The role of mGluR5 in the hippocampus of Fmr1 KO mice has been well investigated. The evidence originally comes from that the mGluR5-dependent LTD is exaggerated in the hippocampus of Fmr1 KO mice (Huber et al, 2002). In contrast with FMRP that is a suppressor for dendritic protein synthesis, mGluR5 functions as an activator for the translation of new proteins related to synaptic plasticity (Comery et al, 1997; Huber et al, 2000; Weiler and Greenough, 1993). FMRP and mGluR5 thus might play opponent regulatory effects (Dolen and Bear, 2008), and FXS may be corrected by reducing the activity of mGluR5. In fact, pharmacological or genetic inhibition of mGluR5 can rescue many of the Fragile X phenotypes, such as the immature dendritic spine in the hippocampus, defective spatial memory and contextual fear memory (for review see Bhakar et al, 2012; Dolen and Bear, 2008). These findings indicate that mGluR5 antagonist might be a good candidate for therapeutic application. In addition, GSK3 is a newly found signal protein that is important for synaptic plasticity, closely related to mGluR5 signaling and overexpressed in Fmr1 KO mice (Bradley et al, 2012; Guo et al, 2012; Liu et al, 2005; Min et al, 2009). However, the function of GSK3 in FXS is less investigated. In the present study, we found that MPEP, SB415286, and CT99021 all rescued L-LTP when applied during the LTP induction. These results clearly showed that the exaggerated activities of mGluR5 and GSK may contribute to the impairment of the induction of L-LTP in the ACC. In contrast, we found that these activities are not required for the maintenance of L-LTP.
In consistence with the electrophysiological data, microinjection of MPEP, SB415286, or CT99021 at 30 min before CS–US paired training rescued the defective performance of Fmr1 KO mice in fear memory training and testing. As it is less possible that the inhibition effect from injected drugs could last for a long time, we suppose that the drugs play roles to rescue learning instead of memory ability. Western blotting results further showed that one of the possible mechanisms for the electrophysiological and behavioral rescuing effect comes from that mGluR5 antagonist and GSK inhibitors increased the expression of membrane GluA1 that is normally increased after LTP induction or injuries in WT animals (Descalzi et al, 2012; Zhuo, 2014). In our behavioral experiments, it is possible that the increased freezing performance also comes from the increased sensory sensitivity to shock or locomotor functions after drug application. However, we found no difference in the freezing time between Fmr1 WT and KO mice in the first several trials during the CS–US training procedure, suggesting that the sensitivity to shock or motor function was not changed. However, we cannot rule out the possible influence of the drugs for the anxiety in these animals. Finally, we found that the rescuing effect of MPEP and GSK inhibitors is quite similar regardless of electrophysiological, behavioral, or biochemical phenotypes, suggesting that mGluR5 and GSK3 may link to each other. Previous studies found that MPEP inhibits GSK3 activity by increasing the inhibitory phosphorylation of GSK3 (Liu et al, 2005; Min et al, 2009; Yuskaitis et al, 2010), whereas combined inhibition of mGluR5 and GSK3 does not cause synergistic effect (Min et al, 2009). Therefore, it is likely that GSK3 is one of the downstream targets of mGluR5.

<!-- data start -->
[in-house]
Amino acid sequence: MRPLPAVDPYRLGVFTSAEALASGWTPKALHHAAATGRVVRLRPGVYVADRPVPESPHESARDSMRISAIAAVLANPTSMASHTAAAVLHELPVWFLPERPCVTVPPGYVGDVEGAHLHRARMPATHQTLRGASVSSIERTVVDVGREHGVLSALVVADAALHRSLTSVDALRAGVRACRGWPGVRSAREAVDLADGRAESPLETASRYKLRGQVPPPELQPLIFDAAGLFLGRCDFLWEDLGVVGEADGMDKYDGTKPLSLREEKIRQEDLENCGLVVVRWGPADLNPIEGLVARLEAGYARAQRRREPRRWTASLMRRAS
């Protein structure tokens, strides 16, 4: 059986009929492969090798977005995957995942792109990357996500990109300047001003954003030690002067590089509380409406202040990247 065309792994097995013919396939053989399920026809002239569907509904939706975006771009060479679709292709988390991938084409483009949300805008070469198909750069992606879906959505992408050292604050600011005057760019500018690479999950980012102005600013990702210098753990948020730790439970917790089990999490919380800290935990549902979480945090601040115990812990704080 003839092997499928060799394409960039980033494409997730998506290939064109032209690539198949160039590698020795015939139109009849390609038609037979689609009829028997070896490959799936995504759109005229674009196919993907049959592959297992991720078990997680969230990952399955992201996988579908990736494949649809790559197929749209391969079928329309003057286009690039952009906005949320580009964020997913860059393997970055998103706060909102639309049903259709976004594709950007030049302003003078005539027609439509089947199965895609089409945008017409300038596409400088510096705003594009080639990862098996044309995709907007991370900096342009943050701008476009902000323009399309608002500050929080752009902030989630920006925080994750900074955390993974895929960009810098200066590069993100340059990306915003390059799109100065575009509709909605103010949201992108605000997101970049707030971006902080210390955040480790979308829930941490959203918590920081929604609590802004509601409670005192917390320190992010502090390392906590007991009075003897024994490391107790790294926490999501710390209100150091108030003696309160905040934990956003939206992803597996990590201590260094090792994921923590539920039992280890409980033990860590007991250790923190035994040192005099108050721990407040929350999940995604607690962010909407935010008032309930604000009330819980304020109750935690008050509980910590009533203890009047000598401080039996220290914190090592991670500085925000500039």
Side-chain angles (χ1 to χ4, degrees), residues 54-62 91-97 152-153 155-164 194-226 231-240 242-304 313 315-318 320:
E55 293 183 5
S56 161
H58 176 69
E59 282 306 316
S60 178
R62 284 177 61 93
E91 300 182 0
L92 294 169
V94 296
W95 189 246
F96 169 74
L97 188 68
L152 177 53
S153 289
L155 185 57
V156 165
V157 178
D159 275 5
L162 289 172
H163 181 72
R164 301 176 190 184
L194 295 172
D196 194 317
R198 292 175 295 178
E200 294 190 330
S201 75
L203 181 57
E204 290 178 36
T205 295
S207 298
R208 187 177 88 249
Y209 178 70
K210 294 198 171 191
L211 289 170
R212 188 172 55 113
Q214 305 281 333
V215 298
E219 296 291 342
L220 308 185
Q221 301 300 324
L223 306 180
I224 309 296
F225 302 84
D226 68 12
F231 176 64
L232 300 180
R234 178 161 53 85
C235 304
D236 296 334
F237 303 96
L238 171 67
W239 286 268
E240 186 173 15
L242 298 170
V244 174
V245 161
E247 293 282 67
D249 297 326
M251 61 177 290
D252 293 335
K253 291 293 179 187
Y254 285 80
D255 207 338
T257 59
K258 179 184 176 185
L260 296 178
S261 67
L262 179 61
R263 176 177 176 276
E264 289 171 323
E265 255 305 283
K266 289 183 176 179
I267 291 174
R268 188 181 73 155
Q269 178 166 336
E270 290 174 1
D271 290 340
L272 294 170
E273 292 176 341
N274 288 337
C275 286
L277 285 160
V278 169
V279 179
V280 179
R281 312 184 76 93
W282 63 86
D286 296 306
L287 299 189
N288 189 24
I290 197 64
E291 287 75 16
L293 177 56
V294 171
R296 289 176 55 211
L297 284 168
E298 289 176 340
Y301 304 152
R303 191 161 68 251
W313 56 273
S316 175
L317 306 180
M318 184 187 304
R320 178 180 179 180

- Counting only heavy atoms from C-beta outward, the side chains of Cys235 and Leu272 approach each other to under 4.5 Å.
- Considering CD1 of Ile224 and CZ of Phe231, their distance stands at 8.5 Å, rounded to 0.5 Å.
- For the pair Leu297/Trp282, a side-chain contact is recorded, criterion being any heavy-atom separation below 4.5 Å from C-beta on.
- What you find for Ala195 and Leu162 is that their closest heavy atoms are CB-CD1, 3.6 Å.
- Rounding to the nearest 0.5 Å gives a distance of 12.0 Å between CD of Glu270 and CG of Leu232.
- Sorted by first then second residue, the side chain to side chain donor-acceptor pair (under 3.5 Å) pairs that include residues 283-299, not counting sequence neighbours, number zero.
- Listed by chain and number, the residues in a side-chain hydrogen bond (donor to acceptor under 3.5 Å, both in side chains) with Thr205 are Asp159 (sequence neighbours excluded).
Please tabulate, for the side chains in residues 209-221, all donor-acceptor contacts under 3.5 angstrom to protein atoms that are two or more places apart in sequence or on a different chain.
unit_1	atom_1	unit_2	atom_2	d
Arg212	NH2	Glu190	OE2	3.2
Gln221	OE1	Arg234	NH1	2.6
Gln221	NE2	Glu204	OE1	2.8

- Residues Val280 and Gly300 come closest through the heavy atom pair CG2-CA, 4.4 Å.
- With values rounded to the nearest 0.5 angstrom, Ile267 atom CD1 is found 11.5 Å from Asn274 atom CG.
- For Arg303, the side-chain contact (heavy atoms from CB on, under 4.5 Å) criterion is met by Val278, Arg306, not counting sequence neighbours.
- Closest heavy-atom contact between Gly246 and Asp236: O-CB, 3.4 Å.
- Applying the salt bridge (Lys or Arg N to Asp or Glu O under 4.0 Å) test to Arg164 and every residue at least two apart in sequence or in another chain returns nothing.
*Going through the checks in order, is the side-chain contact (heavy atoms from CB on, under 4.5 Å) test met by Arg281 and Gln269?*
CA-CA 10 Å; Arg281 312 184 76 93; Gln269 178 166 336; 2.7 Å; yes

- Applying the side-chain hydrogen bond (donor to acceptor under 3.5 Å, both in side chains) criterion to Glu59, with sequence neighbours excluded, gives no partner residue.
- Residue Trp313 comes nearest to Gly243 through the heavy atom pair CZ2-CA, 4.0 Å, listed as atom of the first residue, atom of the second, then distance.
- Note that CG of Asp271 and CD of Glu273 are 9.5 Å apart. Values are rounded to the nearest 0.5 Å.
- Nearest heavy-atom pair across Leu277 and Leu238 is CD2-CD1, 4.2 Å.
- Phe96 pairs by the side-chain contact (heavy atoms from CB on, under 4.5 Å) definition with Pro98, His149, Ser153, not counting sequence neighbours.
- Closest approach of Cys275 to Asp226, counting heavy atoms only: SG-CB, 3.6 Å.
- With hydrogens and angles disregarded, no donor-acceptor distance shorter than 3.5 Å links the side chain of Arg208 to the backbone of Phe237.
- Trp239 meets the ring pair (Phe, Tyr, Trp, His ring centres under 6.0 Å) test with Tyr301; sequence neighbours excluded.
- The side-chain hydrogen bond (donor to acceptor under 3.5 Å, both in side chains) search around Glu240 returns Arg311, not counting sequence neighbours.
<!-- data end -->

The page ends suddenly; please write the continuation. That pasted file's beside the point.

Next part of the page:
In summary, our results demonstrate that FMRP is critical for cortical L-LTP as well as the recruitment of cortical network. Pharmacological blockade of mGluR5 or GSK3 activation can rescue the L-LTP and network recruitment in the Fmr1 KO mice. These new findings provide basic mechanisms for future treatment of cortex-related cognitive defects in fragile X patients.
FUNDING AND DISCLOSURE
The authors declare no conflict of interest.
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This work was supported by grants from the EJLB-CIHR Michael Smith Chair in Neurosciences and Mental Health, Canada Research Chair, Canadian Institute for Health Research operating Grants (MOP-124807), and NSERC Discovery Grant (RGPIN 402555) awarded to Min Zhuo; by the Major International Joint Research Project through National Science Foundation of China (31010103909) awarded to Min Zhuo and Yun-Qing Li; by the postdoctoral fellowships from Fragile X Research Foundation of Canada awarded to Tao Chen and Kohei Koga; and by the National Science Foundation of China (31371126) awarded to Tao Chen.
Tao Chen, Yun-Qing Li, and Min Zhuo conceived and designed the overall study; Tao Chen, Qian Song, Ming-Gang Liu, and Kohei Koga conducted the electrophysiological experiments; Jing-Shan Lu and Giannina Descalzi carried out western blot works; and Jing-Shan Lu and Qian Song provided the behavioral data. All authors were involved in data collection, analysis, and interpretation of the data. Tao Chen and Min Zhuo drafted the article. All authors revised the article and approved the final version.
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Chen, T., Lu, JS., Song, Q. et al. Pharmacological Rescue of Cortical Synaptic and Network Potentiation in a Mouse Model for Fragile X Syndrome. Neuropsychopharmacol 39, 1955–1967 (2014). https://doi.org/10.1038/npp.2014.44